Tim Bourguignon 42:53
That that is

very wise:
Don't be afraid of asking question, grab the opportunities that present in front of you, and be kind to yourself. Thank you very much. That is a very nice advice. A nice word. Thank you.

Eva Ferreira 43:05
Thank you. Thank you for having me.

Tim Bourguignon 43:07
Oh, it's my pleasure. Where can we send the listeners if they wanted to have some more advice from you?

Eva Ferreira 43:12
Oh, I would say my Twitter account that from time to time, I not only post pictures of my kittens, but also kind of things.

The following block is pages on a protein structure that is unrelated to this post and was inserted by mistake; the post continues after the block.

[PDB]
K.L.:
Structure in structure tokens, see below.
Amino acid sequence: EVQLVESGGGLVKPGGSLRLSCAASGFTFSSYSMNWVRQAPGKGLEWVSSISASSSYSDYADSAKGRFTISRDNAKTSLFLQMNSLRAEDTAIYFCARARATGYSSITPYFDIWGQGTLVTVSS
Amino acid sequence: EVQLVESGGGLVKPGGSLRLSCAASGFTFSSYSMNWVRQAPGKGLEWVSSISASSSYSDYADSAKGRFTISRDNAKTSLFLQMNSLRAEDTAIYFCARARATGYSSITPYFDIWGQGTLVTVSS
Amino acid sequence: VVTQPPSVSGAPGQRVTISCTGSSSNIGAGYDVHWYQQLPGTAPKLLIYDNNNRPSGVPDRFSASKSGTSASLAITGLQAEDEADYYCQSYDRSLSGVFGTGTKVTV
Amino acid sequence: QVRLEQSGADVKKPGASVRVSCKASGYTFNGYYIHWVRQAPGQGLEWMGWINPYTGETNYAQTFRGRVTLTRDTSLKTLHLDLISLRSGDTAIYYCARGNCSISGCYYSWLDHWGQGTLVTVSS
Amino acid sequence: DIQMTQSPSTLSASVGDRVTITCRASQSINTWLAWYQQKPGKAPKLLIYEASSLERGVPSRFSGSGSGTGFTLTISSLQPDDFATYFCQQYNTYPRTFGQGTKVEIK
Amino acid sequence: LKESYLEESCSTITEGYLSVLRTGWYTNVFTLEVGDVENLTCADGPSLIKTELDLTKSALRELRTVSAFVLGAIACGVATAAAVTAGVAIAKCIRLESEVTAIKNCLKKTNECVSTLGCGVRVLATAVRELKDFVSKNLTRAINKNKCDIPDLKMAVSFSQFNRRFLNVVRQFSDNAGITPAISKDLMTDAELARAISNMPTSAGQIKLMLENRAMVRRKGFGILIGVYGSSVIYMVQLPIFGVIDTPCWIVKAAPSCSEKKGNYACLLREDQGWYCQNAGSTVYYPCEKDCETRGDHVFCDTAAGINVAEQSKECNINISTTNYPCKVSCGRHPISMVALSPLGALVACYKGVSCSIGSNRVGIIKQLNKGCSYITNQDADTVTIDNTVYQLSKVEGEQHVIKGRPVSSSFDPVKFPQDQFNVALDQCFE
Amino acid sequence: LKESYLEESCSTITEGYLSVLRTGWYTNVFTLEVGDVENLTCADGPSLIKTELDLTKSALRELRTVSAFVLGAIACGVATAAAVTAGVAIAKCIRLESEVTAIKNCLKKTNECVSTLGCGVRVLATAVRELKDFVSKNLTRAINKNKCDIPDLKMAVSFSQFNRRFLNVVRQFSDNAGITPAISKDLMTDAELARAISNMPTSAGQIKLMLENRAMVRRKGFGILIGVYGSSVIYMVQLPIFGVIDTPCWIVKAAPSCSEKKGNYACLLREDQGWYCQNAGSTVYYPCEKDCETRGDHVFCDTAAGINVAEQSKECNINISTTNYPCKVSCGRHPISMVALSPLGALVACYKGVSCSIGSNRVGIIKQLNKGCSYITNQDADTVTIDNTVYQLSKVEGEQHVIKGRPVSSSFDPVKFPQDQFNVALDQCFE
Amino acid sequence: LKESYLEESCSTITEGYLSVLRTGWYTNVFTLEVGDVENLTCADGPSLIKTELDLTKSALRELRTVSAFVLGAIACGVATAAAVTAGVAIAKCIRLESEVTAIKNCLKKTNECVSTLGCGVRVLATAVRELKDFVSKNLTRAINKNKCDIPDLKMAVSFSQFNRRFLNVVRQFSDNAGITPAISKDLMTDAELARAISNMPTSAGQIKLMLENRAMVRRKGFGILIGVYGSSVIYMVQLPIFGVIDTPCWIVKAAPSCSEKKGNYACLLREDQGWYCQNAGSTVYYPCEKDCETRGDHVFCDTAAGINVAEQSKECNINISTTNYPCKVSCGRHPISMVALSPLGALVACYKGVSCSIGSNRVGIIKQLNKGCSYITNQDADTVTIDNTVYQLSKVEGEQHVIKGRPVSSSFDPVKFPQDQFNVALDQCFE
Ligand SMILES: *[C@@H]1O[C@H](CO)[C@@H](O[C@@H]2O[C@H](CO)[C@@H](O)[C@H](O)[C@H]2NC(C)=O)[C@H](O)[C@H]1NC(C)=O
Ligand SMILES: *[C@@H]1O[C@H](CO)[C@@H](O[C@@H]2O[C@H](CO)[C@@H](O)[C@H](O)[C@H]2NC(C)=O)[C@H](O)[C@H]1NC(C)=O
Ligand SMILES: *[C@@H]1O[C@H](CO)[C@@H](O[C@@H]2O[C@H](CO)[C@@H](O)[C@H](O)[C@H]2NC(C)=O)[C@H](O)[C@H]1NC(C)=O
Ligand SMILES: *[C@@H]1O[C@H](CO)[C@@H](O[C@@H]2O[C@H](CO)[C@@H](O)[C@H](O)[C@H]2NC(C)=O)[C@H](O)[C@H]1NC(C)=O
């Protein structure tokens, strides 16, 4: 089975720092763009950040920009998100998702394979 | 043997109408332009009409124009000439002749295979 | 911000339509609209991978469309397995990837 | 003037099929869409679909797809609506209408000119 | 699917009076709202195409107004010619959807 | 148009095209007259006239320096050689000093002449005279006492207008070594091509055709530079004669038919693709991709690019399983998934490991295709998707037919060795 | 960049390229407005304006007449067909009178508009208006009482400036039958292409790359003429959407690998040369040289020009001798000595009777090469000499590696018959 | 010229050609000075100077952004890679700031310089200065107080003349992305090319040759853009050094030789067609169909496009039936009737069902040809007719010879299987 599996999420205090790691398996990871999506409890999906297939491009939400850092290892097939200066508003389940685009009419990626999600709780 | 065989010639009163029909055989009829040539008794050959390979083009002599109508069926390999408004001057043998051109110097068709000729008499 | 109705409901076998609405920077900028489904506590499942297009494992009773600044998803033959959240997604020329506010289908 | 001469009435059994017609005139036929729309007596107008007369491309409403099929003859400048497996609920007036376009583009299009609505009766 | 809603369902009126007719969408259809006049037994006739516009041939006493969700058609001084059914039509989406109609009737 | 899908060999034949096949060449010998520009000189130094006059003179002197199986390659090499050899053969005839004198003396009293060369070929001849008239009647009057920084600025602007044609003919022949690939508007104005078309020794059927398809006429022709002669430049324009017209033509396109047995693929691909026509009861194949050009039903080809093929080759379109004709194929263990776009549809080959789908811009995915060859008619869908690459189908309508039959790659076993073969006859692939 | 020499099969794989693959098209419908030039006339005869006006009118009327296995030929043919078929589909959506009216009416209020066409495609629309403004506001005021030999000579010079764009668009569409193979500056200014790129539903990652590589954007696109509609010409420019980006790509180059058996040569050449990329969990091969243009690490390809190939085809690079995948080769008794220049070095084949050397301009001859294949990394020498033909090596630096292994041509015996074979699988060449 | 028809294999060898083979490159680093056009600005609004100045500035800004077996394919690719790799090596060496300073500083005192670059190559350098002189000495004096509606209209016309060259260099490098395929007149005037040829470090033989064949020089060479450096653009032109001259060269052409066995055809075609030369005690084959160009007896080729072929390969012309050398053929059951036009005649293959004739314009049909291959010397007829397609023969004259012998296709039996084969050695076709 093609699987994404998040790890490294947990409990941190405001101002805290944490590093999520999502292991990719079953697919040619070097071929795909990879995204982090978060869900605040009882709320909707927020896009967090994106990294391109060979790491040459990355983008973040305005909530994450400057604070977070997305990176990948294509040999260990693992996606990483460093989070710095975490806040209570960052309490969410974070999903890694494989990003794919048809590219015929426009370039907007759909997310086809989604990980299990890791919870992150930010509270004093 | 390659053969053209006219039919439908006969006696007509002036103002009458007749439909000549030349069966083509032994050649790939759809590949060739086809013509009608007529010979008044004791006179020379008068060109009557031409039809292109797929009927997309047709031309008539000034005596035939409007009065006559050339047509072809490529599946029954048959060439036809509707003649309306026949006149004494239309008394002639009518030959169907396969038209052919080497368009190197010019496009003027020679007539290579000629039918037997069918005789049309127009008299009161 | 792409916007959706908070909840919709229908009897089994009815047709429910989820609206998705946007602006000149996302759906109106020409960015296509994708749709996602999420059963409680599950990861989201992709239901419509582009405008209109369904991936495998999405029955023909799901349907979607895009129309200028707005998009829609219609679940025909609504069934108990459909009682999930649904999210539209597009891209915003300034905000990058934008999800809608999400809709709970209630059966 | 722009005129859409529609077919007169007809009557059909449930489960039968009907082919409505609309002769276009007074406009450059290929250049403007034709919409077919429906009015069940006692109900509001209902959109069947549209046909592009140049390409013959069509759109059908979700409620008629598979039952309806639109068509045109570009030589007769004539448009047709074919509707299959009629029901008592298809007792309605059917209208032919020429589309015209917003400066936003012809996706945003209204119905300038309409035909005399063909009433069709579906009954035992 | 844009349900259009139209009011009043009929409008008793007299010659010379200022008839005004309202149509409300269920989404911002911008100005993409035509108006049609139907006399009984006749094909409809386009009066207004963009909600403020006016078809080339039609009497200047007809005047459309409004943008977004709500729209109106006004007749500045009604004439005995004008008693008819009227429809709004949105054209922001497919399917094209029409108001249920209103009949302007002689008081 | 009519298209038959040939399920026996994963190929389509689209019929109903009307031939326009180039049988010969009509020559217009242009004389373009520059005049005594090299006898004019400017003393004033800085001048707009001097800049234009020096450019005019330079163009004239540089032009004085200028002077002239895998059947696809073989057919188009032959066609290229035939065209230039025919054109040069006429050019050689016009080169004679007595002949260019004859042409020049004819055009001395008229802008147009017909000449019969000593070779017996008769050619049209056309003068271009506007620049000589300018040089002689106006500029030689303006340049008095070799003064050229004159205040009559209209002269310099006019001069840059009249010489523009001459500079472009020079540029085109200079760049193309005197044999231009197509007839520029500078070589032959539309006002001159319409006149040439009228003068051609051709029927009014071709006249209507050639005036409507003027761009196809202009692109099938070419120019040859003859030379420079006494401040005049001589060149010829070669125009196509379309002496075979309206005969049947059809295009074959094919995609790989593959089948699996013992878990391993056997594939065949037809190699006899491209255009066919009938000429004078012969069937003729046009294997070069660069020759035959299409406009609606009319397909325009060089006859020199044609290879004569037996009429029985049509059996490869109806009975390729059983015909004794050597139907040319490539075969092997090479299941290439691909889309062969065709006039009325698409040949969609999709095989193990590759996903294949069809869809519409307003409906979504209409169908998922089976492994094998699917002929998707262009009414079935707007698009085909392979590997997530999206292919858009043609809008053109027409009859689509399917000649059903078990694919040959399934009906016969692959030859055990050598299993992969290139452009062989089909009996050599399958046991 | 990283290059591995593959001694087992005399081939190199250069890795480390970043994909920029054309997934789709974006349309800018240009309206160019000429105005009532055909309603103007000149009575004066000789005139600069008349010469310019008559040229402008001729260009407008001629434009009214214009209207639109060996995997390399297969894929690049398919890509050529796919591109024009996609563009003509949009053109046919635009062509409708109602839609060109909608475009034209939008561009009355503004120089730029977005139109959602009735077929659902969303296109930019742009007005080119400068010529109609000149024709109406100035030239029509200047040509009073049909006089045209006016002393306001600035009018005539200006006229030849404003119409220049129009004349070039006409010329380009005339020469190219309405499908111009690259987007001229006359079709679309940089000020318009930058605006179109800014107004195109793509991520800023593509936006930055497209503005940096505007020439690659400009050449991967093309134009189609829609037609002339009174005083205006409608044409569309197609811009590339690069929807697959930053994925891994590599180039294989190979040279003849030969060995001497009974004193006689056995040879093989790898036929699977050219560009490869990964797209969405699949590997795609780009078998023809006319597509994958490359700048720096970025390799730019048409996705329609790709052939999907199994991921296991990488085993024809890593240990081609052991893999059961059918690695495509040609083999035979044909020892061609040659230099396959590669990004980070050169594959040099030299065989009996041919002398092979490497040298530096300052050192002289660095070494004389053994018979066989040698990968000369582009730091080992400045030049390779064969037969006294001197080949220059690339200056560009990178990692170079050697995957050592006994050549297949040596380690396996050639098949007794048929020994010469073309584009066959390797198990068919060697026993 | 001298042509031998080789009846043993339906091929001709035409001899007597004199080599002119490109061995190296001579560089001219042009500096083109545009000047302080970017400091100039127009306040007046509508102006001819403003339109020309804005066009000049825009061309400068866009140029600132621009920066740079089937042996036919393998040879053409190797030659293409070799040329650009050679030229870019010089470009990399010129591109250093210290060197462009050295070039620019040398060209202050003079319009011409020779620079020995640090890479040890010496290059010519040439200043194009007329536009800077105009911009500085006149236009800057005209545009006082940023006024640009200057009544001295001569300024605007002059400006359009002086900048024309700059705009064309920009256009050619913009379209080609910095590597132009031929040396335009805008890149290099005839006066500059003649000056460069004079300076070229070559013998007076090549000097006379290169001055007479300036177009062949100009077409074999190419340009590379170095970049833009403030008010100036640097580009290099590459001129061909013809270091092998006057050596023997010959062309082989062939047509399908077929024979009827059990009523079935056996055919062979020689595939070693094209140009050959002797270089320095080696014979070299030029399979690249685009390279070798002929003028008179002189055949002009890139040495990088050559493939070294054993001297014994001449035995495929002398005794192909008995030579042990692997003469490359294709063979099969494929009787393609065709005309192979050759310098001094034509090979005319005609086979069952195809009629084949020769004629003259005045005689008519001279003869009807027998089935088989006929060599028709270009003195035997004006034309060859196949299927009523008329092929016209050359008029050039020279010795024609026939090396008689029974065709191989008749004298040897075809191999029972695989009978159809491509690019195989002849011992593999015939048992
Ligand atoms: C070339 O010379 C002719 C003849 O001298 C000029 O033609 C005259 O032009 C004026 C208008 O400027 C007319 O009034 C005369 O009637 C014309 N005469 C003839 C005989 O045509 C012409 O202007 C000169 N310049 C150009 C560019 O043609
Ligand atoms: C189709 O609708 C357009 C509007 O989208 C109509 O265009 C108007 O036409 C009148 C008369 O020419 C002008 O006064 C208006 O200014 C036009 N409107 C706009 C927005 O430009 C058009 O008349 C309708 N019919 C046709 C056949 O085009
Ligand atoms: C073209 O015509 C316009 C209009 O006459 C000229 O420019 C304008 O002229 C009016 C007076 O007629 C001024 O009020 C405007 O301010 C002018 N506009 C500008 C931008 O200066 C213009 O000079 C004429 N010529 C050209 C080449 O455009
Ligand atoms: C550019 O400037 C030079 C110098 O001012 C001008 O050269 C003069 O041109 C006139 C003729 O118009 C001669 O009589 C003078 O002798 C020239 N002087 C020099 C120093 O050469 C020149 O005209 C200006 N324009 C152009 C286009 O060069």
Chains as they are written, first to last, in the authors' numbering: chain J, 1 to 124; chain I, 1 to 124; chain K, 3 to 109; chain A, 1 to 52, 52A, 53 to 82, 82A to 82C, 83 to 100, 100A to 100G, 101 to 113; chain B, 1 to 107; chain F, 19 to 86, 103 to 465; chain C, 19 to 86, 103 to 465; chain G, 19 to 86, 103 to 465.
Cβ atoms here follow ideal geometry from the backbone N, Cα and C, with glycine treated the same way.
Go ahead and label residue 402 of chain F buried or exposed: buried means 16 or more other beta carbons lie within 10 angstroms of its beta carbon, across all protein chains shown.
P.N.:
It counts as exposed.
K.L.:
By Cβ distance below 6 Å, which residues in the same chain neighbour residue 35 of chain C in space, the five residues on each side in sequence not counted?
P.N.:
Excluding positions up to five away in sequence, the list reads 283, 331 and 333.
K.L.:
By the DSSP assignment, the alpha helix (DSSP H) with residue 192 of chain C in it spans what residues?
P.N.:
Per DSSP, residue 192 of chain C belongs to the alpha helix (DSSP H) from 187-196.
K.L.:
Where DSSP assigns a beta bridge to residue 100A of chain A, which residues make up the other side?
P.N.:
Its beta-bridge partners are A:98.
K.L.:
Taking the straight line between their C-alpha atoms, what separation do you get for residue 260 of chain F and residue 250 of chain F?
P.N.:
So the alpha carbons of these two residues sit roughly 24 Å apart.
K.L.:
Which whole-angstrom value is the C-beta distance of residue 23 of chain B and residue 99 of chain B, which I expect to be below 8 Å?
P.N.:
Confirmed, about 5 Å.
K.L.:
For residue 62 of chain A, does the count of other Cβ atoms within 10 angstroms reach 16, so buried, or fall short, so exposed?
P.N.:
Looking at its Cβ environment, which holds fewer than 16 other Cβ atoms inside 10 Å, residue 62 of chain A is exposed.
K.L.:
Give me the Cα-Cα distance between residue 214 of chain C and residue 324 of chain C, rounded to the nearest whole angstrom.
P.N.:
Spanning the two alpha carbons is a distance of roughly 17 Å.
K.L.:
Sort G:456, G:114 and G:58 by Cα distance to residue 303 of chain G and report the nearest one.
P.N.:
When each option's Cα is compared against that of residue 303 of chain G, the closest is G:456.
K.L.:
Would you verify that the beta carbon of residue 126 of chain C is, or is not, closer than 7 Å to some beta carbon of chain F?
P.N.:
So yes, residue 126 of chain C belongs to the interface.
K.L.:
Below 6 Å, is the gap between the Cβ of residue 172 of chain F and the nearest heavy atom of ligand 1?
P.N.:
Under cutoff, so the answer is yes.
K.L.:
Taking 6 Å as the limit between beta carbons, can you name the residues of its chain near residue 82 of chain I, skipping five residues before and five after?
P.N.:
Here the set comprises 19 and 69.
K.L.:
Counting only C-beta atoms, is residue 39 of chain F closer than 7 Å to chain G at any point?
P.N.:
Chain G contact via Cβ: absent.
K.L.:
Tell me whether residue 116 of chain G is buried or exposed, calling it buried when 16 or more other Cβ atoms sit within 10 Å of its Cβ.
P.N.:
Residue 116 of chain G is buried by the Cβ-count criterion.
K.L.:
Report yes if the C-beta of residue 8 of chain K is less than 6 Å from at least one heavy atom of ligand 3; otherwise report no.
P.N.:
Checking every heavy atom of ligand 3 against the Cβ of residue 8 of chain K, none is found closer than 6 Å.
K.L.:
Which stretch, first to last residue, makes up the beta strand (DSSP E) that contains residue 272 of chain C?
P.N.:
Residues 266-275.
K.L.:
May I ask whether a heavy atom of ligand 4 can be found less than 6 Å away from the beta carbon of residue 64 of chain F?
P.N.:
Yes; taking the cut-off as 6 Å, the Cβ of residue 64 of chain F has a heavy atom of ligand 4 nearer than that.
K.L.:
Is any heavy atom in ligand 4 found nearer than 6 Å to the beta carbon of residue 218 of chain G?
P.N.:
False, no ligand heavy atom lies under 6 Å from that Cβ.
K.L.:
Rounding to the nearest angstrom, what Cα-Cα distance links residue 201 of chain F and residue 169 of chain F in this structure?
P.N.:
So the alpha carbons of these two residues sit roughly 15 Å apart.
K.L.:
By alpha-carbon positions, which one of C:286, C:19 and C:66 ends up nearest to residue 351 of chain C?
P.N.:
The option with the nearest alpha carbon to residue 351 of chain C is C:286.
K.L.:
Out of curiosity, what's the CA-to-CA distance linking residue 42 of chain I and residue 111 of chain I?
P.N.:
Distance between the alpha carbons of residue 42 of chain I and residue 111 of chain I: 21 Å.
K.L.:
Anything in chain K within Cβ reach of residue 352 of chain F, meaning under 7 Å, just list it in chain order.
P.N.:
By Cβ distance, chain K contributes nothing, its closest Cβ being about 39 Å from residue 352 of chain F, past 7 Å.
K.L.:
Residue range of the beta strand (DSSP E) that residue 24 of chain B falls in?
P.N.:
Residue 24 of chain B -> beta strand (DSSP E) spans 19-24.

Tim Bourguignon 43:24
Okay, so that's @evaferreira92, I will, I will add a link to the show notes. Thank you again for your time. Thanks for sharing your story. And this has been another episode of developer's journey. And we'll see each other next week. Bye. I hope you have enjoyed our story as much as I did, and that you've been moved by Eva's energy and optimism. Tell me what inspired you on Twitter. I am at @timothep or use the comments section on our website. You will find it at the bottom of the page on any episode page. Also, do a friend a favor and share this episode with him. And do us a favor by leaving a review on Apple podcast or any other platform you might be using. You will find all the links on our website, devjourney.info/subscribe. And remember, a journey starts with one step. So let me leave you with this one question. What will be yours?